Grouping

Clustering in Advanced Profiling

Synthetic data

Machine learning also enables the generation of synthetic data that mimics the characteristics and patterns of original data without containing any sensitive information. It serves as a cost-effective alternative for obtaining large volumes of data, especially when data collection is expensive. This process proves valuable in generating more examples of statistically representative data, particularly for demographics with limited numbers (such as males between 18-22), and enables statistical analyses dependent on sample size. Using algorithms that employ encoder Neural Networks (NNs), the original data distribution can be transformed into a latent distribution, which serves as the basis for creating synthetic data through random sampling and decoding.

However, while synthetic data mimics the real data, it may not capture all the nuances, outliers, and complex patterns present in the original dataset. It is crucial to recognize that synthetic data cannot replace the need for actual surveys, as it only complements real data by augmenting and diversifying the dataset, balancing classes, and increasing statistical power. Hence, careful assessment and validation of the quality of synthetic data are essential, and it is imperative to provide appropriate disclaimers when including synthetic data in analyses to understand the implications fully.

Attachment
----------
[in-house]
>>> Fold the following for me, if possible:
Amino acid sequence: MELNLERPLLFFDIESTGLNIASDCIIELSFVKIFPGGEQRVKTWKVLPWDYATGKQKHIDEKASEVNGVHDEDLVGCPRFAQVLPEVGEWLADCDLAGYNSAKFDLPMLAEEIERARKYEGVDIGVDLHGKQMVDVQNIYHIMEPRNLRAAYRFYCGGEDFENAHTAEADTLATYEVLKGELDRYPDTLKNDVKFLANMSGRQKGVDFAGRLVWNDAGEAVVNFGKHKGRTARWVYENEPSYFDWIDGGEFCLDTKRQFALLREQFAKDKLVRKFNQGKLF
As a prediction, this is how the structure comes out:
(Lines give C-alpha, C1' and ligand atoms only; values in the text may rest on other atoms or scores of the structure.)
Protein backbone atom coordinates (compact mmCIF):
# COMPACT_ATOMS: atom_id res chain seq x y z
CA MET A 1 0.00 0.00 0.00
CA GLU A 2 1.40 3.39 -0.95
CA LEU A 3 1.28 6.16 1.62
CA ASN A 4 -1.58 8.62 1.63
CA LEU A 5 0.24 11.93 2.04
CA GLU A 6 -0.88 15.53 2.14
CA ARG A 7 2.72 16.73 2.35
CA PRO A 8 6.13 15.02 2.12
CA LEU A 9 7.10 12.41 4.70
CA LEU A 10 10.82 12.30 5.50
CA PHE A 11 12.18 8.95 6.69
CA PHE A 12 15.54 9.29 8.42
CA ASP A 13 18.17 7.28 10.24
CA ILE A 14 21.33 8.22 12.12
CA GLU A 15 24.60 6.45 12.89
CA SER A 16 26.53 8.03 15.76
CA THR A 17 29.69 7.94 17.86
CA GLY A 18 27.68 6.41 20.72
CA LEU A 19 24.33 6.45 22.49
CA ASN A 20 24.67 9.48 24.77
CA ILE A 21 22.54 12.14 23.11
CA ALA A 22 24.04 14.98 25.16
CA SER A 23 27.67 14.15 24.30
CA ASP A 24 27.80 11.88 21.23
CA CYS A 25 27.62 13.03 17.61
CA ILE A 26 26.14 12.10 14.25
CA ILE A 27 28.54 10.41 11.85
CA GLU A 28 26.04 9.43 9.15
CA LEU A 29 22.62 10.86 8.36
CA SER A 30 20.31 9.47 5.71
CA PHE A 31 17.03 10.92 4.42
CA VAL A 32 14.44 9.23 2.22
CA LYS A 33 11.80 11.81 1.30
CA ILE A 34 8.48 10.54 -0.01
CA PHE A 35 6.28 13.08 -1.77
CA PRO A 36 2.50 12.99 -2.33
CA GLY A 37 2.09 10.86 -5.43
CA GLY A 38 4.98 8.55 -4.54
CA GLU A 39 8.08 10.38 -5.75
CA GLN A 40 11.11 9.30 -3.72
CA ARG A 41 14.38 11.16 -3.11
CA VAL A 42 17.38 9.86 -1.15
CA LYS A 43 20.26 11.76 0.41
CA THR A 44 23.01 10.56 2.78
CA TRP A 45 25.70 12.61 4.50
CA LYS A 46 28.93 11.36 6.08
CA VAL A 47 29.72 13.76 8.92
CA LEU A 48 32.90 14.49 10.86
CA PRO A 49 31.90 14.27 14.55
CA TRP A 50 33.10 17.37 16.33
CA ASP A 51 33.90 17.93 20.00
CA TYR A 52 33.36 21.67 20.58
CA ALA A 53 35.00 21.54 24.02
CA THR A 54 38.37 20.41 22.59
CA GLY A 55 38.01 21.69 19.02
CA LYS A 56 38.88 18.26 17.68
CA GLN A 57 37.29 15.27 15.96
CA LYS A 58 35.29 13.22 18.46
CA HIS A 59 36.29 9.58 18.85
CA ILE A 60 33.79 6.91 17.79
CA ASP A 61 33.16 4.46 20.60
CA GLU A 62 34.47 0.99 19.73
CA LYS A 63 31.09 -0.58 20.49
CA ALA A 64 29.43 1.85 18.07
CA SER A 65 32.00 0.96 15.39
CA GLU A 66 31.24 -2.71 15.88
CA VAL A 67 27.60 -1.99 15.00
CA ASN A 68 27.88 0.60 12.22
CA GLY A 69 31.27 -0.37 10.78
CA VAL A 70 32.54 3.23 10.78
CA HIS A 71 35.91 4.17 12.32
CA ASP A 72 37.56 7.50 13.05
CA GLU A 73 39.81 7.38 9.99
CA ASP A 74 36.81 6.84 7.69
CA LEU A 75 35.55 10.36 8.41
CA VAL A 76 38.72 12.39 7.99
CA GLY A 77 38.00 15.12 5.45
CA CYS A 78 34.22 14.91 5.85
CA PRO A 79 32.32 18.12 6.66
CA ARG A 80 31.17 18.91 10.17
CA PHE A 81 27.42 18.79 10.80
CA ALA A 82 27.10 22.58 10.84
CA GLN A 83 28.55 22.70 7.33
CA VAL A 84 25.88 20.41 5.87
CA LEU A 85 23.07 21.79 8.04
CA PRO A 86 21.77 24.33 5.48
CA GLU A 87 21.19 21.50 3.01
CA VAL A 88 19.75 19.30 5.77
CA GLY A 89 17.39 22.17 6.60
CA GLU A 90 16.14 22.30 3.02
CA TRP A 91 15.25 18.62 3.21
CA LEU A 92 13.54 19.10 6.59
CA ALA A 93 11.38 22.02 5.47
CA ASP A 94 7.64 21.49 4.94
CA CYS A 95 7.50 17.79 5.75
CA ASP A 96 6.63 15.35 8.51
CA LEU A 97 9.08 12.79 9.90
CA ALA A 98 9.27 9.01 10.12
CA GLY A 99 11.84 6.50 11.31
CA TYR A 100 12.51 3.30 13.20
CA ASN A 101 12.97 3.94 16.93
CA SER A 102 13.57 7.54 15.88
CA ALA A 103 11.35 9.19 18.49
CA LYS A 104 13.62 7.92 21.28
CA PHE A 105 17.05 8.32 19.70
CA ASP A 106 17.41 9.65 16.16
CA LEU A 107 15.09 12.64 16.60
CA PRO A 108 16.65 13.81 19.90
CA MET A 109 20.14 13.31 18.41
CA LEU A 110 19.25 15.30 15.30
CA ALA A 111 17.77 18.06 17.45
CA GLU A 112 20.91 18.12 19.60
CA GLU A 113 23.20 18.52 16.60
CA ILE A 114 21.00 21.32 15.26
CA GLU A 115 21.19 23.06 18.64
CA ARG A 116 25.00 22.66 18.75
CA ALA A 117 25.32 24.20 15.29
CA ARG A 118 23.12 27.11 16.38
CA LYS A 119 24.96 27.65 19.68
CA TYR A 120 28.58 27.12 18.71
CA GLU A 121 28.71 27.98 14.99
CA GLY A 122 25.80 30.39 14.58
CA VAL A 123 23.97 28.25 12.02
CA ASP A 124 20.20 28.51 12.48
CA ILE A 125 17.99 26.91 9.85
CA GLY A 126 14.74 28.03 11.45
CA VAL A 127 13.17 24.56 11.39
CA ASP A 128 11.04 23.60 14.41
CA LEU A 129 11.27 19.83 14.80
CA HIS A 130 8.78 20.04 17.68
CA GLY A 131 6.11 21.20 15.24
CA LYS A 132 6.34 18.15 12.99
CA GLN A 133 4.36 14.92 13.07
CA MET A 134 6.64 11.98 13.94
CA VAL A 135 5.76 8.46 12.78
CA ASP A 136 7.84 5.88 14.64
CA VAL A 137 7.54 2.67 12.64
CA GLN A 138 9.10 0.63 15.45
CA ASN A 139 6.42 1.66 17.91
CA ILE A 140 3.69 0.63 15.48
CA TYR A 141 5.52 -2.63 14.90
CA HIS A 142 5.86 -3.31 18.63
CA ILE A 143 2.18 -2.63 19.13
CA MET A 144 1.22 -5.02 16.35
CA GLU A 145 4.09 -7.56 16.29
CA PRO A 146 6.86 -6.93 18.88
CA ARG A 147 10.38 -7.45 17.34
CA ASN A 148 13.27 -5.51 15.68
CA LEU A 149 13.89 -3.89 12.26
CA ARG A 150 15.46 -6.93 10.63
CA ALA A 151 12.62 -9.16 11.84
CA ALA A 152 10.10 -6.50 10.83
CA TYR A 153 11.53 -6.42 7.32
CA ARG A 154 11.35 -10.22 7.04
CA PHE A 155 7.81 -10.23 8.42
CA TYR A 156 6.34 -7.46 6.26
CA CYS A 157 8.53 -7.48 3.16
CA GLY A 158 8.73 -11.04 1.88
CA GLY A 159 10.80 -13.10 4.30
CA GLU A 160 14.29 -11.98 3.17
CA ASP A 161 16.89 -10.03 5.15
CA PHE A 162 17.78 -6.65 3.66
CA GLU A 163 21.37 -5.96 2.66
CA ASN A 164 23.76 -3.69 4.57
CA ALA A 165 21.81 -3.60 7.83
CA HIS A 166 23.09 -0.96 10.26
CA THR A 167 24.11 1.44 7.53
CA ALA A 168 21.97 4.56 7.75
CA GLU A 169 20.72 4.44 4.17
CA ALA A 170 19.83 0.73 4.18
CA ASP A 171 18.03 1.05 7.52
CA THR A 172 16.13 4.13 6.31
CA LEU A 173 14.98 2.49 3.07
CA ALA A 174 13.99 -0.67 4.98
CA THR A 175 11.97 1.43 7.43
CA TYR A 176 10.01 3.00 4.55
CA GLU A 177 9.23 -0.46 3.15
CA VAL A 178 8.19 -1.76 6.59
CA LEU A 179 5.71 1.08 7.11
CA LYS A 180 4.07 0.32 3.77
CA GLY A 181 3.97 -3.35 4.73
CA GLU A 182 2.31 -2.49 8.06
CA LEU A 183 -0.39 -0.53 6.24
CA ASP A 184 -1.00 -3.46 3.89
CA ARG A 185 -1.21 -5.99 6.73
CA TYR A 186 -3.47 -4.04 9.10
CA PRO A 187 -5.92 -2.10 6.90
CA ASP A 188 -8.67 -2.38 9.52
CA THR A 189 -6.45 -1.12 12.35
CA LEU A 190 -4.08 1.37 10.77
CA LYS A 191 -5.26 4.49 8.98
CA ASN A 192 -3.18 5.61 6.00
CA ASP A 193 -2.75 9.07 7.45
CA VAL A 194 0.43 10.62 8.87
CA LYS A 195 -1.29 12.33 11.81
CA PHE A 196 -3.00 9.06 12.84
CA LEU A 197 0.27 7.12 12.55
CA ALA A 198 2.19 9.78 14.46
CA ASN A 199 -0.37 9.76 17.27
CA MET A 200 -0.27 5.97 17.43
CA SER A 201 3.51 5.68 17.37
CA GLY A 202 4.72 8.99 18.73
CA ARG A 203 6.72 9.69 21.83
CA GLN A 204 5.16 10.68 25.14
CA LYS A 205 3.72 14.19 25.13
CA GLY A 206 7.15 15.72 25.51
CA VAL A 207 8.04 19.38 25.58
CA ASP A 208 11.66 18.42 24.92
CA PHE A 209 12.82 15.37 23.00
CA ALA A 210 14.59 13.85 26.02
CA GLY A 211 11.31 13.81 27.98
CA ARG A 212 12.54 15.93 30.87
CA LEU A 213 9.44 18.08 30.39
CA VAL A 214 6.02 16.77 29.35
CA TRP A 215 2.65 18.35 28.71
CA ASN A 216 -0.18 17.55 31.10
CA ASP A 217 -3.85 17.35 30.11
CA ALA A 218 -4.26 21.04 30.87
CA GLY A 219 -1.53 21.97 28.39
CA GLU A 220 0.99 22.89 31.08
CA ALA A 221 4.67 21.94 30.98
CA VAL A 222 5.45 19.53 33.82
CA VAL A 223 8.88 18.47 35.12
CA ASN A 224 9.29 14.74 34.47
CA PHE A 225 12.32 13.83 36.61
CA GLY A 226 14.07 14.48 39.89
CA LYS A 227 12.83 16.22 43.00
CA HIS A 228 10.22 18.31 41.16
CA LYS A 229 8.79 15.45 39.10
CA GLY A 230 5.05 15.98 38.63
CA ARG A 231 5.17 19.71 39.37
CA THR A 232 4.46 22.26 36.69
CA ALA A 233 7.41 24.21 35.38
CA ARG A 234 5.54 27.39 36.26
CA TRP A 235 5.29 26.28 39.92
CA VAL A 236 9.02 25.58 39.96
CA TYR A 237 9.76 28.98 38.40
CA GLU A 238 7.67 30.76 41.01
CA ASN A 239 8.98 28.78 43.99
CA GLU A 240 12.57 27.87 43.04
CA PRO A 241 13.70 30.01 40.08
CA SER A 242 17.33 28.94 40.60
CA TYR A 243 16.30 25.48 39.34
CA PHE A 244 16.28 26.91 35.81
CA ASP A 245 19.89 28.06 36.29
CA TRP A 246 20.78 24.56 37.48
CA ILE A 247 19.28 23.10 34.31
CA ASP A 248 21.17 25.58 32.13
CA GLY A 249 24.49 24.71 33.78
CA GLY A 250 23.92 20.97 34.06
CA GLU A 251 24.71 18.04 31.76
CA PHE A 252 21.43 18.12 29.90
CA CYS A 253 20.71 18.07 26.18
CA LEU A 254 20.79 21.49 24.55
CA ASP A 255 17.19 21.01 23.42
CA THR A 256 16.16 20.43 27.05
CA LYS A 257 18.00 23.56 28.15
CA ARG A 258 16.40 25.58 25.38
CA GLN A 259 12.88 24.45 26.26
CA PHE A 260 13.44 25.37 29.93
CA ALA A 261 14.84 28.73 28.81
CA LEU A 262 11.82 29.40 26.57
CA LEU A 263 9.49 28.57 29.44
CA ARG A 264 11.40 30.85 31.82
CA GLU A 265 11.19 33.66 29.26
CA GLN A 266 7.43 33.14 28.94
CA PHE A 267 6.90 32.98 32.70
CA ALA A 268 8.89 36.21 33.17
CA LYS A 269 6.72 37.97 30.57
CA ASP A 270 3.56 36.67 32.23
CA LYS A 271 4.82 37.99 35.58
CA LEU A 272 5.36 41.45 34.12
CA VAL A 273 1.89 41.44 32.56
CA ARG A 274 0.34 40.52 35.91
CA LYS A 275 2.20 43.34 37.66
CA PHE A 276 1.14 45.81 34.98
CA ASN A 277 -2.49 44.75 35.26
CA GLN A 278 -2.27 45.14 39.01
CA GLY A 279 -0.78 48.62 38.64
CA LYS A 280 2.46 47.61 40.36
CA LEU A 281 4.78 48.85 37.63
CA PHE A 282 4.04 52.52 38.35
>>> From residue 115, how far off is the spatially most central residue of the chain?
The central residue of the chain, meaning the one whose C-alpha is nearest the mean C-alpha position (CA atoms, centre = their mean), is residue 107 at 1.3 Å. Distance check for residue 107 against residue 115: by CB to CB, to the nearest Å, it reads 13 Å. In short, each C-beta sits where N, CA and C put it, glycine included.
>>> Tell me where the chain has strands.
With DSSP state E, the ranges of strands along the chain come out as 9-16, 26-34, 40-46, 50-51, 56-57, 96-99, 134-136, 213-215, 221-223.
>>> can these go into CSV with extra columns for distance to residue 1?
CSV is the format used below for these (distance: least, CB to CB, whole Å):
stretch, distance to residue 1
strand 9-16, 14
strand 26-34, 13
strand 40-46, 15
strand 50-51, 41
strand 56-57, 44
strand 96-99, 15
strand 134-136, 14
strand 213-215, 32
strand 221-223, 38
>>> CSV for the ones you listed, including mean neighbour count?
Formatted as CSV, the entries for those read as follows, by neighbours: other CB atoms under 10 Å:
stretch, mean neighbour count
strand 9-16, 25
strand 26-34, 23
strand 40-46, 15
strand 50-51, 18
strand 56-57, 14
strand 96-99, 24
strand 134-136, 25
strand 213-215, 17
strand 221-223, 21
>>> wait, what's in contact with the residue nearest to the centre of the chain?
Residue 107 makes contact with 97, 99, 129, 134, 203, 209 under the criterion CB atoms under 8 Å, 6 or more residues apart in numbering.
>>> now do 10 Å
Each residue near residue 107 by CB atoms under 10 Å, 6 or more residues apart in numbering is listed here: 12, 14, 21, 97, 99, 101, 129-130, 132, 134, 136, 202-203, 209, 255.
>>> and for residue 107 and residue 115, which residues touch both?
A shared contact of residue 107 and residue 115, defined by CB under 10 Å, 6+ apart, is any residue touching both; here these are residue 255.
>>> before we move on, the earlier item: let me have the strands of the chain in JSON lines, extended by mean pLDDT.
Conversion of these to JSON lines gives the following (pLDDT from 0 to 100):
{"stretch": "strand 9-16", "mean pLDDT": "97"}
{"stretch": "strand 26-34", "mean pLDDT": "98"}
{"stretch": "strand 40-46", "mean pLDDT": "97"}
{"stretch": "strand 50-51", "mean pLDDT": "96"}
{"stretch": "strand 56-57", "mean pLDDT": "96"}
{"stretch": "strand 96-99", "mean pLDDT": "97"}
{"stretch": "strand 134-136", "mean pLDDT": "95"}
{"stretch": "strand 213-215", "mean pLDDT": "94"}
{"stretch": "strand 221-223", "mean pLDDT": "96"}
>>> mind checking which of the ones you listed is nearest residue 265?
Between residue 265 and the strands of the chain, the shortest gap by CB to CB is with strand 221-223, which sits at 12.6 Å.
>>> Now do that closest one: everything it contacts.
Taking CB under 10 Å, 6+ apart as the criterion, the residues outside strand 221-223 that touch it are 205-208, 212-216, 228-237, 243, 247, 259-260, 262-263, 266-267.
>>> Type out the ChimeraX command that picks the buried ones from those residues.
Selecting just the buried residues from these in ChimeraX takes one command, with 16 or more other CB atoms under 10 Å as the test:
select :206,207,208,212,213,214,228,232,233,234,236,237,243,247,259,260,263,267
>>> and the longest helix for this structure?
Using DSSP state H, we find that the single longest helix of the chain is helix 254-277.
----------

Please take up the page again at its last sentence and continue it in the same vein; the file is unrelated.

Artificial data

Generating Synthetic Data Example

Sentiment analysis

Machine learning plays a crucial role in facilitating sentiment analysis in marketing research, particularly in evaluating positive and negative sentiments in open-ended survey answers related to products, product parts, and product qualities. The process involves text pre-processing, including tokenization, lemmatization, and removing stopwords, followed by using sentiment lexicons to determine sentiment scores for each word. To enhance context consideration, recurrent neural networks (RNN) and BERT models can be employed, taking into account negation, intensifiers, and even semantics.